Math Teachers attend Holl Workshop CA math teachers Lana Lyddon-Hatten, Michael Link, and Brian Reece were three of eight teachers invited to participate in the Holl Mathematical Discovery for Teachers Workshop this summer.  “It was a joy working with these teachers.  Outstanding teachers like these are what every parent wants for his or her child,” said Dr. Leslie Hogben, Dio Lewis Holl Chair in Applied Mathematics and Professor of Mathematics at Iowa State University.

The workshop focused on a mathematical discovery process, including numerical experiments to gather data, observing patterns in the data, making conjectures, and proving (or disproving) the conjectures.  Implementation of these ideas with students was also discussed.  The participants learned the free mathematical software Sage and used it to gather data.

The workshop was structured around two mathematical problems, presented by Dr. Hogben and Dr. Ulrica Wilson, Associate Professor of Mathematics at Morehouse College.  The workshop divided into two research groups to explore the problems.

One problem involved mathematical analysis of the Lights Out! game, which was sold as a handheld electronic game in the 1990s and can be played online, e.g., http://www.neok12.com/games/lights-out/lights-out.htm.  There is a 5 x 5 grid of lights, each of which can be either on or off.  Each light is also a button, and when you press a button you change (turn on to off, and off to on) that light and each of its neighbors (above, below, left, right) that exist. The goal is to turn all the lights off.   This game can be analyzed using matrices, which are rectangular arrays of numbers, and arithmetic mod 2 (in mod 2, 1+1= 0, as well as the more usual 0 + 1 = 1 = 1+0 and 0 + 0 = 0).  Variations including different size grids were explored.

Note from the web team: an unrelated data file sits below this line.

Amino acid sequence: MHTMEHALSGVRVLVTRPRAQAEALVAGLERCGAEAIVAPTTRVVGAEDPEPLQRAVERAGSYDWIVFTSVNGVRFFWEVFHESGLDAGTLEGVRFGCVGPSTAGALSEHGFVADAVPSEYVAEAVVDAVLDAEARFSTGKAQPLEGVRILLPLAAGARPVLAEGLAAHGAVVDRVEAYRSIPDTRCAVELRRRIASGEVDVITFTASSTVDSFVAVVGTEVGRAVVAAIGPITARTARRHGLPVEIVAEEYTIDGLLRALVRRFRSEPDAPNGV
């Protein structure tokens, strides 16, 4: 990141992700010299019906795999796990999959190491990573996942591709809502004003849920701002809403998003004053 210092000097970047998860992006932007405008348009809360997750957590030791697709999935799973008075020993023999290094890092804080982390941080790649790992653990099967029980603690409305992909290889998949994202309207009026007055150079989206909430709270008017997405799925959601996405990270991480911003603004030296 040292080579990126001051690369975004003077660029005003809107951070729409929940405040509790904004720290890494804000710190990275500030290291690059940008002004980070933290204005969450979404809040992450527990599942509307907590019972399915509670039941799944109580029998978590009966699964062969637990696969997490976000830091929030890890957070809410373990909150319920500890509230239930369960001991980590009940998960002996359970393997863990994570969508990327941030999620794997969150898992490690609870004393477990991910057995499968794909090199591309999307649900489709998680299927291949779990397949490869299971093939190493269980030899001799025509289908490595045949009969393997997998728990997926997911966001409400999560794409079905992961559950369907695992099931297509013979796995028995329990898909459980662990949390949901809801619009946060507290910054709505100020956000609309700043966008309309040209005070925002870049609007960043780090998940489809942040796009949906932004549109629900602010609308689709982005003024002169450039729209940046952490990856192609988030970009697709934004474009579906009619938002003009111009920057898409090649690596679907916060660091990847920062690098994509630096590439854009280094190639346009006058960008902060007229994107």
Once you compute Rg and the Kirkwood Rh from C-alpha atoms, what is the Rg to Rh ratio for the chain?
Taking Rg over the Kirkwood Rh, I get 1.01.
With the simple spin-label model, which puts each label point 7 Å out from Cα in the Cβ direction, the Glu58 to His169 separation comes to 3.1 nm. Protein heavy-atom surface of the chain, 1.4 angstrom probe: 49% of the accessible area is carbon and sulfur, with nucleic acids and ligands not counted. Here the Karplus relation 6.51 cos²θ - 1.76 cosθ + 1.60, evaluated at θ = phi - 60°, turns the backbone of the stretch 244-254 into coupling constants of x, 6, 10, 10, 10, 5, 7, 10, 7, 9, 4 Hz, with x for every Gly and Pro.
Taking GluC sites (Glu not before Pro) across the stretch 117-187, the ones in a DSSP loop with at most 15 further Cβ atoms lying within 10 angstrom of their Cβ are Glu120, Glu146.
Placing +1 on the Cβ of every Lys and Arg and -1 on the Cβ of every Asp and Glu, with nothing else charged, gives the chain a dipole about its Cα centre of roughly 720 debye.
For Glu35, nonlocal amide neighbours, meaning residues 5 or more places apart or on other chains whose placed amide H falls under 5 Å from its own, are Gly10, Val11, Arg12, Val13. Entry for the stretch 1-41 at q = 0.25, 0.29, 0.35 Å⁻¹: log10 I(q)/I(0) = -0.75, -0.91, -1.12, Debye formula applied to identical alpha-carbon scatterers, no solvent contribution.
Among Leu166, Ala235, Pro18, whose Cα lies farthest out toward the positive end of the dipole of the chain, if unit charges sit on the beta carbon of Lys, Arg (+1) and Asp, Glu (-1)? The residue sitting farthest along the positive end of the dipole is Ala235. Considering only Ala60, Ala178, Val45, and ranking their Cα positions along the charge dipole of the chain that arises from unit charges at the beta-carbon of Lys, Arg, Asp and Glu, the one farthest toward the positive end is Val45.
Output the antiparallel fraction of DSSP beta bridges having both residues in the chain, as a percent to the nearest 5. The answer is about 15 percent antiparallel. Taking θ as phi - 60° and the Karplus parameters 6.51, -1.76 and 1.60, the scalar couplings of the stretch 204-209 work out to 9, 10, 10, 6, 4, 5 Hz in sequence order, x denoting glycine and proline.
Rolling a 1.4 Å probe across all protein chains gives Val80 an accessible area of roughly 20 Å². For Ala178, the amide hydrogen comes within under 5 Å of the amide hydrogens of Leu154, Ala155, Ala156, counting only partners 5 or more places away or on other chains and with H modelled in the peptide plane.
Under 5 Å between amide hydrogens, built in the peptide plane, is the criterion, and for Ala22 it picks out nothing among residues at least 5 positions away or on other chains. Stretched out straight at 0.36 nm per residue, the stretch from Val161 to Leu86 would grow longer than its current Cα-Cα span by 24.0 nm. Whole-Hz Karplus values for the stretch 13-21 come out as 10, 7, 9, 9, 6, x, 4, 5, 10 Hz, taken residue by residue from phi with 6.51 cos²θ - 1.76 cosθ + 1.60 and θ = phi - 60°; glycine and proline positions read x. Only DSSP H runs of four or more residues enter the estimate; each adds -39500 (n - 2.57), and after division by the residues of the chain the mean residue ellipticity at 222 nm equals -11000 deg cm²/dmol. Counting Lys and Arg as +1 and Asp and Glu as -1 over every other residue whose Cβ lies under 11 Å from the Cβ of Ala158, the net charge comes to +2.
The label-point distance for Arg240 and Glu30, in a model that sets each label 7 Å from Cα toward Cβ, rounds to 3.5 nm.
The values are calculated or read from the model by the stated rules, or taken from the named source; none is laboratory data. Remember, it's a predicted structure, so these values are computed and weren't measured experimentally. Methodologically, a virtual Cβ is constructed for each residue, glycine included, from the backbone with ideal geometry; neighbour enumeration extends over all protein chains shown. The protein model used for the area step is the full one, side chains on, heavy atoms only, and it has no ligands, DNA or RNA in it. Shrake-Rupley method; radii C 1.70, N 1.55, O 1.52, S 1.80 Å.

The other problem involved iterating (repeatedly applying) a particular function to see if the number does not change (i.e., is a fixed point), goes to a fixed point, or some other behavior.  The particular function looked at initially was to square each digit and then take the sum.  For example, 1 is a fixed point (because 12 = 1) and 13 goes to 1 (because 12 + 32 = 10, and 12 + 02 = 1).  Variations including summing cubes and other powers of the digits were explored.

On Friday each group presented its results to the other group. The iteration group found a bound for each power (such as square or cube), so that if you check all numbers below the bound you know you have found all fixed points for that power, proved the bound worked, and found all fixed points for several powers. In addition to mathematical results, the Lights Out! group developed a model for the lights/buttons using two-colored disks; this made it possible to experiment concretely with various arrangements of lights and made the problem more accessible to students.

Dr. Heather Bolles of Iowa State University helped with the development of the workshop and also participated in some sessions.  Dr. Travis Peters of Culver-Stockton College, MO, who teaches future teachers, also participated.

All expenses for participating teachers were paid by funds from the Dio Lewis Holl Chair, which honors D. L. Holl, Head of the Department of Mathematics at Iowa State University from 1945 until his death in 1954.

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